On 2012-05-24 14:46, Stephen Colebourne
described some Microsoft .NET datetime functions:
> I've had a quick look at the .NET API
> Uses properties Year, Month (int-based), Day, DayOfWeek (enum-based),
> DayOfYear, Hour, Minute, Second, Millisecond
> Also, "Date" removes the time part, and "TimeOfDay" returns a TimeSpan
> object. "Ticks" returns a cimple count of 100 nanosecond-based ticks.
> There are specific add methods - "AddYears", "AddMonths", "AddDays",
> "AddHours", "AddMinutes", "AddSeconds", "AddMilliseconds"
> There is the ability to add a TimeSpan to a date, or subtract two
> date-times to get a TimeSpan. (TimeSpan is an ISO period type object
> with fields for days, hour,s minutes, seconds and ticks)
> The DateTime object can be created using an alternate calendar system,
> but does not appear to remember that calendar. The Day/Month/Year
> properties always return the ISO/Gregorian day/month/year. To get the
> date in the alternate calendar you have to use a method on the
> DateTime is roughly equivalent to our LocalDateTime and LocalDate.
> DateTimeOffset is roughly equivalent to our OffsetDateTime and OffsetDate.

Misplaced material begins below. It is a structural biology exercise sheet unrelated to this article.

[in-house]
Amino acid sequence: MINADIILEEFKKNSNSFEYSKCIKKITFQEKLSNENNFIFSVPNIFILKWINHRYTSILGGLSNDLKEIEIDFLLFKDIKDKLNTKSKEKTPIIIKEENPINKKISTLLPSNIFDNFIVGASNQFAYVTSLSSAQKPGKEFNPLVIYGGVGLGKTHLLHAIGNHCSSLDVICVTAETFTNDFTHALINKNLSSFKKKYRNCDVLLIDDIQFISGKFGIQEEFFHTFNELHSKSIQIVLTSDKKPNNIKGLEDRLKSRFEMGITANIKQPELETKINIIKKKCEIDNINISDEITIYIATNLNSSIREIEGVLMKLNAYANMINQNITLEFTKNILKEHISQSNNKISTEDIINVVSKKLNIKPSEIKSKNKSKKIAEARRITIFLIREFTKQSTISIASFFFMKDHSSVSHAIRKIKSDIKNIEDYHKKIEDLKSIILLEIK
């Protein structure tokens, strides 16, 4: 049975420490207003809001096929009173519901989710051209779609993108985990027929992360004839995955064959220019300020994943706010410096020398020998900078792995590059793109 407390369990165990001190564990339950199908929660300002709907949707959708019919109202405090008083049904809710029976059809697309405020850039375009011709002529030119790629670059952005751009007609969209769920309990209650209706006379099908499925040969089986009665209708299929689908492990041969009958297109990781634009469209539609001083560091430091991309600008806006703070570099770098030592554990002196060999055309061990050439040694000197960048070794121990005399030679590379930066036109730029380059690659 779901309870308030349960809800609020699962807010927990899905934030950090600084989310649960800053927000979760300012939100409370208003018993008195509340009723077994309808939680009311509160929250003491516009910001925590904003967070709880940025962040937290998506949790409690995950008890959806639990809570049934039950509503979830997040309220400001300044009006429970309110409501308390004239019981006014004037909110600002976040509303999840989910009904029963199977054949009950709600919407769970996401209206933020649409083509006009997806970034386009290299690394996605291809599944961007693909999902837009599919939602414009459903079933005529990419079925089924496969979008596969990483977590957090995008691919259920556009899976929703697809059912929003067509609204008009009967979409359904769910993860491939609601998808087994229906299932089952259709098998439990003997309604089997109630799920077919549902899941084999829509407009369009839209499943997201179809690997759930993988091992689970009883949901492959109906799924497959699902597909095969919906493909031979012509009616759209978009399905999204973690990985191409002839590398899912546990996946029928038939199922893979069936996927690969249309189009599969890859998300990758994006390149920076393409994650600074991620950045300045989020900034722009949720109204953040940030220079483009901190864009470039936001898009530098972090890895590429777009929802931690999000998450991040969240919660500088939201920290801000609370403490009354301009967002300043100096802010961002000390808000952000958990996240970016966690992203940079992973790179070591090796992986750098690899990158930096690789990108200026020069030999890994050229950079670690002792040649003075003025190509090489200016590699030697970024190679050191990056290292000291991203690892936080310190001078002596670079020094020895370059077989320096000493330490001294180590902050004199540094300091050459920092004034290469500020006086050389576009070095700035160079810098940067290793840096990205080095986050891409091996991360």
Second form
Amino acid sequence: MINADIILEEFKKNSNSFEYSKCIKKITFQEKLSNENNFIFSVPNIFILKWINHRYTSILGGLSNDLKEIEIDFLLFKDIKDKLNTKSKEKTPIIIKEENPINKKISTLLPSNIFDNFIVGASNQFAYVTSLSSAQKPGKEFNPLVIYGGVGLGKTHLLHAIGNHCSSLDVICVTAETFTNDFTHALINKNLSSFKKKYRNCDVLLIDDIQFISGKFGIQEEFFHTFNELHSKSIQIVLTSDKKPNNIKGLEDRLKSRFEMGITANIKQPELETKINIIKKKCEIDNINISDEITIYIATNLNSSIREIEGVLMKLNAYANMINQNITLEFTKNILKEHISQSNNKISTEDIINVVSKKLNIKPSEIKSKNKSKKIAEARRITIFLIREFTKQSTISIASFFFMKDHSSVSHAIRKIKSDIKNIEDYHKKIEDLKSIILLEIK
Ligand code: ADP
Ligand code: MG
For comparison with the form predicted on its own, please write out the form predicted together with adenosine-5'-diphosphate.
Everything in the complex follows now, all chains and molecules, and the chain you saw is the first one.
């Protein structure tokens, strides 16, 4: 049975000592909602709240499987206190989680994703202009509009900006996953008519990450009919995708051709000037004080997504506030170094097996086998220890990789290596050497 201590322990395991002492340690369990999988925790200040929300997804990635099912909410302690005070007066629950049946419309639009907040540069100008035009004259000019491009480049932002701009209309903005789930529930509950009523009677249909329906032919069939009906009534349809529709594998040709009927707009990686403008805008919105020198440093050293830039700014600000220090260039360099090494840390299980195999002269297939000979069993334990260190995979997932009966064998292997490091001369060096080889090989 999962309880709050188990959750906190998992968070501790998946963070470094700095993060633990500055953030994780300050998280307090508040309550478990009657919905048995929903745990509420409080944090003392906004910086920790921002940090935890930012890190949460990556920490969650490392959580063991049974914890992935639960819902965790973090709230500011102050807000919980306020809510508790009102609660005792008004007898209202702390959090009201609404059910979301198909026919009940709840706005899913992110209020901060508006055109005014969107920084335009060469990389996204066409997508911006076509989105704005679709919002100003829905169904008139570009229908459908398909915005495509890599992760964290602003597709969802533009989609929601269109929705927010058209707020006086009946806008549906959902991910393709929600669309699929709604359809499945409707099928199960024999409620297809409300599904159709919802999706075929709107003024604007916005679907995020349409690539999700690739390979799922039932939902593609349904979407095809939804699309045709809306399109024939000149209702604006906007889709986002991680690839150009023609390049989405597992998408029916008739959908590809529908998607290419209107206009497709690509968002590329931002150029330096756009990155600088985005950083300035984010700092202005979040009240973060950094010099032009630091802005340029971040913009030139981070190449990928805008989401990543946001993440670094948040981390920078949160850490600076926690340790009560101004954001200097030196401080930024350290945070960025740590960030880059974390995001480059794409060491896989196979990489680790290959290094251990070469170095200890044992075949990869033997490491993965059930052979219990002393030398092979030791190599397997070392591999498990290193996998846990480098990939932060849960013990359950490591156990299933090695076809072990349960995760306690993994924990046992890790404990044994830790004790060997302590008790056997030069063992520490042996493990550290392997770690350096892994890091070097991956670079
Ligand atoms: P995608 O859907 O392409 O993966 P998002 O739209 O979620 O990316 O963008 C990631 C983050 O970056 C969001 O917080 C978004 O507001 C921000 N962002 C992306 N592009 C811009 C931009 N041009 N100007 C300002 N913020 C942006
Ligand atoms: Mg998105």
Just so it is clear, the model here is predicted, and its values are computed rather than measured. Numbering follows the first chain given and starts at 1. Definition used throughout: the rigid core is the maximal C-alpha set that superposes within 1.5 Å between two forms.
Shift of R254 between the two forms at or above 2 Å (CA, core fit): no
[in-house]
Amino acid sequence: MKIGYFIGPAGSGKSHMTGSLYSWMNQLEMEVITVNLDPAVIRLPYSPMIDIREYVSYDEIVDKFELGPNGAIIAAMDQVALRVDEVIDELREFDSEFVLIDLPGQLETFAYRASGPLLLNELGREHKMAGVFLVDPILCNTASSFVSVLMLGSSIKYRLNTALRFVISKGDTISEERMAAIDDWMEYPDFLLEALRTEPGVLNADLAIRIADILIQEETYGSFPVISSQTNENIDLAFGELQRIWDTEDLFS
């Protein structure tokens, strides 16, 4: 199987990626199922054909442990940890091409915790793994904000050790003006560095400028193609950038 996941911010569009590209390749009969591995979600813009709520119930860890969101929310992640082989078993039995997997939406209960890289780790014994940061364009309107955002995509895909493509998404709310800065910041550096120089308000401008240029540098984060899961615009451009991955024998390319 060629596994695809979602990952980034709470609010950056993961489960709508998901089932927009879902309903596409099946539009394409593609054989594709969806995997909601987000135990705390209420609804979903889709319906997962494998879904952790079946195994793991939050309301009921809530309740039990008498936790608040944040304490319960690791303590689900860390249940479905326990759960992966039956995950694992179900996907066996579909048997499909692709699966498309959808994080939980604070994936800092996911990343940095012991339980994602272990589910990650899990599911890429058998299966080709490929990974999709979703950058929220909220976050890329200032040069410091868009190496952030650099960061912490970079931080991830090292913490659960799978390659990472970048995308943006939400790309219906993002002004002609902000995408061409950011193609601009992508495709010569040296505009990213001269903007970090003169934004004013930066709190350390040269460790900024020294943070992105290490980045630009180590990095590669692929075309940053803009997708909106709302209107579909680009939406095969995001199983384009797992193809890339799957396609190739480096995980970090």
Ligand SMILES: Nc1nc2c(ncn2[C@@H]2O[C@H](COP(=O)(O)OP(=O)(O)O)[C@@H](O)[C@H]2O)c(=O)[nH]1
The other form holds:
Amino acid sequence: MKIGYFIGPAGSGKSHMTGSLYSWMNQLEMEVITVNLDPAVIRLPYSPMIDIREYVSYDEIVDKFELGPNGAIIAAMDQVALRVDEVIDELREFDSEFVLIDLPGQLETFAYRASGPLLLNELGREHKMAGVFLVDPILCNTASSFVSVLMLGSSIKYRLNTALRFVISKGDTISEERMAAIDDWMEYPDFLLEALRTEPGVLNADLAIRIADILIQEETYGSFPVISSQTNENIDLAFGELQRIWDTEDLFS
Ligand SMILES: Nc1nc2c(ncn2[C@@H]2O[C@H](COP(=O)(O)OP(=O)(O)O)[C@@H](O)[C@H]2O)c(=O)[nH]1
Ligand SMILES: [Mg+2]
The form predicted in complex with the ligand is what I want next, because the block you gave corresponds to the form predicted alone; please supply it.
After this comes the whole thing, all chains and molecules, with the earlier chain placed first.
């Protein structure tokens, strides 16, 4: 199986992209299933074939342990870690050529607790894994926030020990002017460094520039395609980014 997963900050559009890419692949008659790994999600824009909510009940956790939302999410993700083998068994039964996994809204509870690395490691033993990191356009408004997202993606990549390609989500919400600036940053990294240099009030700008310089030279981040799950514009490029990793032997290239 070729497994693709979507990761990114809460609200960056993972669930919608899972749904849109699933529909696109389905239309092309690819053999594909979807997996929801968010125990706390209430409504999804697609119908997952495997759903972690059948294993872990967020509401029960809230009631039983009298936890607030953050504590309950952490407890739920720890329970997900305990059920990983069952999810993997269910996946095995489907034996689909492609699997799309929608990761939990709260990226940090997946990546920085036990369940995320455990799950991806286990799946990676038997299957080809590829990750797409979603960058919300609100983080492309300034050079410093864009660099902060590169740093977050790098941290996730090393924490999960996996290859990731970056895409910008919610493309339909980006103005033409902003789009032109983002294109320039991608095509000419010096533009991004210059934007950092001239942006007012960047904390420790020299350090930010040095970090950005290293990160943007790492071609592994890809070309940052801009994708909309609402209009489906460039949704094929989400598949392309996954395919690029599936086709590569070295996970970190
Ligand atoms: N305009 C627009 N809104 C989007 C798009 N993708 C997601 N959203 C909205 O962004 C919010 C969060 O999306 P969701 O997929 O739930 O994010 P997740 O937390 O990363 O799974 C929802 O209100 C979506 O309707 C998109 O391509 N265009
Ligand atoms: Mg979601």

Just an addition on the concept of DateTimes in .NET:
Microsoft's DateTime values not only encode a datetime with 0.1 µs
resolution, covering G0001-01-01 until G10000-01-01 - 0.1 µs, they
also comprise a "kind" that indicates whether the datetime is
a UTC value, or a local time, or of an "unspecified" kind. The
"kind" is encoded in the most significant bits of 64 bit DateTimes.
It is used and modified by conversion functions between local
At first sight, this looks similar to the distinction between the
types TIMESTAMP WITH LOCAL TIME ZONE and TIMESTAMP WITHOUT TIME ZONE
in Oracle SQL, where the latter type does not suffer from
any -- well-meant but sometimes annoying -- implicit
conversion between server time and local session time as the
former type, so that TIMESTAMP WITHOUT TIME ZONE can be safely used
to store values of a time scale like TDB or TAI (where there simply
are no time zones).
But implicit conversions seem to occur in any case. They just
depend on the "kind", making DateTime usage even more complex: